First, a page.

Review: Gang Beasts

In the Party Game Hall of Fame, Gang Beasts is one of the OG big dogs, alongside Nidhogg, Jackbox, and Overcooked. Gang Beasts is a chaotic, wonky physics brawler that relies on the utter incomp-itude of its players to create mirth and merriment, and much like a massive chocolate cake or a puppy, it’s always been a huge success whenever we’ve pulled it out at parties.

It’s strange, then, that it’s taken such a long time to come to the Nintendo Switch. It was out in Early Access for years, beginning in 2014, and chances are that if you’ve played it, it may well have been that EA version. Four years after its official release on PC, Xbox One, and PS4, it’s finally reached the Switch — which we’d argue is the home of party games. (Of course we’d say that, though.)

Gang Beasts on Switch plays well enough. It’s not a particularly graphically demanding game, and everything, from its mechanics to its menus, is pretty simple. There are two options: Local Play, and Online Play, as well as various modes, including Melee, Gangs, Football, and Waves.

Melee is what you want, though. It’s why people love Gang Beasts so much: the floppy ragdoll punching that skyrocketed this bone-free game into the public eye. Each level has various obstacles — from meat grinders to, er, massive flaps in the floor that keep being opened by large, falling sausages — and the game is more about constantly avoiding these perils than it is about fighting. You can, of course, punch, kick, and headbutt your opponents, knocking them out and giving you a window of time in which to lob them into said obstacles, but you’re just as likely to accidentally fall onto train tracks, or off the scaffolding, yourself.

Most matches end because people struggle to keep their jellyboys upright, let alone managing to punch anyone else off a ferris wheel. The winner is often, by default, the only person who didn’t trip over their own feet — but that doesn’t make it any less fun in Local Play, because the fun is the chaos. It’s more about laughing at the ridiculous wiggling bodies and their ineffectual floppy headbutts than it is about the skill required to actually be good at the game, and that’s fine by us.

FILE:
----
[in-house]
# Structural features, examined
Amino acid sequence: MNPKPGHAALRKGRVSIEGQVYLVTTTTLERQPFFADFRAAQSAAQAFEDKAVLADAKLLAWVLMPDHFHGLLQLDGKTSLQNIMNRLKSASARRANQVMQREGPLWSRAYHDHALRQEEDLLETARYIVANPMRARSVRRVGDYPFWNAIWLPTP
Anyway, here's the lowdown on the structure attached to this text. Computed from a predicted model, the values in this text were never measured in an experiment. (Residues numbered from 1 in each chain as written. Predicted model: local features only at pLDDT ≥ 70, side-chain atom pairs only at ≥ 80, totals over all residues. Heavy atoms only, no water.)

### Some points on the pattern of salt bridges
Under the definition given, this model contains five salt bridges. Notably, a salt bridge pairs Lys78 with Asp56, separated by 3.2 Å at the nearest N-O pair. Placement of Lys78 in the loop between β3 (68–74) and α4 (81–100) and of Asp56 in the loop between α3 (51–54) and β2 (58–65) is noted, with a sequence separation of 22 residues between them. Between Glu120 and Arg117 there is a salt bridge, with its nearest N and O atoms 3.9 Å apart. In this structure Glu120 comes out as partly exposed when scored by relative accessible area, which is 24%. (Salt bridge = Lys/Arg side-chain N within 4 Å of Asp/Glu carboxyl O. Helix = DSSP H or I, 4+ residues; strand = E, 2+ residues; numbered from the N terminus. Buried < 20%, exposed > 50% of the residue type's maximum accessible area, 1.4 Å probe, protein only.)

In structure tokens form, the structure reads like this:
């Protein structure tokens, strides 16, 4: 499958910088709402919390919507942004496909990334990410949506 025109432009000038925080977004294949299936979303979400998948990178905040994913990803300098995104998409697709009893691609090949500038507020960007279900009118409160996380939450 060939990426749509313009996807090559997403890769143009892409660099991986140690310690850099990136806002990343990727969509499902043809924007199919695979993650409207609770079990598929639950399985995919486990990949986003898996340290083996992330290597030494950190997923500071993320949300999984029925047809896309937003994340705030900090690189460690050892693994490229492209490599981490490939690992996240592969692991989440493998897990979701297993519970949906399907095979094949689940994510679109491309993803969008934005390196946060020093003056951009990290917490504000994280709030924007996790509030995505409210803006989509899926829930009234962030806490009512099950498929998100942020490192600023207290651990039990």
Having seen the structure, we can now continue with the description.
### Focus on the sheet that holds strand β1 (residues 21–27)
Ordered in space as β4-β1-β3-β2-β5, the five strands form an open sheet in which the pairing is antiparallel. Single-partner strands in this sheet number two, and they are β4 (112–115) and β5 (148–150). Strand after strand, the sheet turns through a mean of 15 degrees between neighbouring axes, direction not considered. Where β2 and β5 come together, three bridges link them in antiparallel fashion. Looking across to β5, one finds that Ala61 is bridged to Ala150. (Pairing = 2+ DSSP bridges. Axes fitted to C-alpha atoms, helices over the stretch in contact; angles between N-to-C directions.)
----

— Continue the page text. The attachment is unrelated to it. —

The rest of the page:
But that does mean that Gang Beasts doesn’t really work as well as an online multiplayer game. Without voice chat, which is not really one of the Nintendo Switch’s strengths, Gang Beasts is a frustrating game about fighting unruly physics with a bunch of silent strangers. Sure, you can get a third-party app for voice chat, but that sort of defeats the point of a party game — although no one’s really having parties right now anyway, which isn’t Gang Beasts’ fault. You can invite people, but they have to already be on your Switch friends list, which is admittedly pretty standard.

We rarely got more than two other people in our matchmaking attempts, so the matches were somewhat subdued as well as silent, but the connection seemed good, and the latency was perfectly fine. There’s not much point in dinging Gang Beasts for offering an online mode, because the online mode works as it should, and it’s there for people who want it — we just found it a bit dull with strangers, is all. As for the Gangs and Football modes, we never actually matched with enough people to make them work, so we can’t really say how good they are.

But the Switch is a natural home for Gang Beasts local play, if you have enough controllers. You can change some of the settings to determine how many wins you’ll need to be triumphant, as well as what colour your character is, what costume to wear, and what stage you want, but ultimately, Gang Beasts keeps things very simple, with developer Boneloaf seemingly aware that they struck gold with the mechanics and don’t need to dress things up too much.

The wrapper around the game is, as a result, very barebones. There are just the Local, Online, and Wireless (for local play with multiple Switches) options, plus the Costumes wardrobe, Settings, and Credits. Disappointingly, the Settings are also sparse, with volume controls, language options, and whether or not to turn vibration on. Button remapping and colourblind options would be welcome, but aren’t available.

The Costumes, on the other hand, are plentiful, from licensed Rick and Morty outfits to the adorable bear, dog, and cat onesies. They don’t add anything to the game mechanically, other than being to identify your player, but they are cute.

With all of that said, though, there are two questions to be answered: Firstly, is Gang Beasts still a good party game, and secondly, is it worth getting on Switch? The answer to the latter is “yes” — it runs well, and it’s the Gang Beasts experience you’d expect, but more portable.

The answer to the former is a little more complicated, because the whole point of Gang Beasts is that it’s scrappy and janky, and… it still is. There’s not a huge amount of polish, honestly — which is part of the appeal — and perhaps you don’t want to pay 25 quid for a game that still looks like it came out in 2014. Only you can answer that question. If you love Gang Beasts, and don’t mind paying 20-30 currency units for the chance to have a portable version, then go get it already.

Conclusion

Gang Beasts’ charm has always been its janky, unpredictable, chaotic physics brawling, and you’ll either be pleased or disappointed to know that it hasn’t changed too much since 2014. On Switch, it runs well in Local and Online mode, although the Switch’s voice chat options make the latter a less appealing choice. If you’re a fan of portable party games, though, this is a classic not to be missed.

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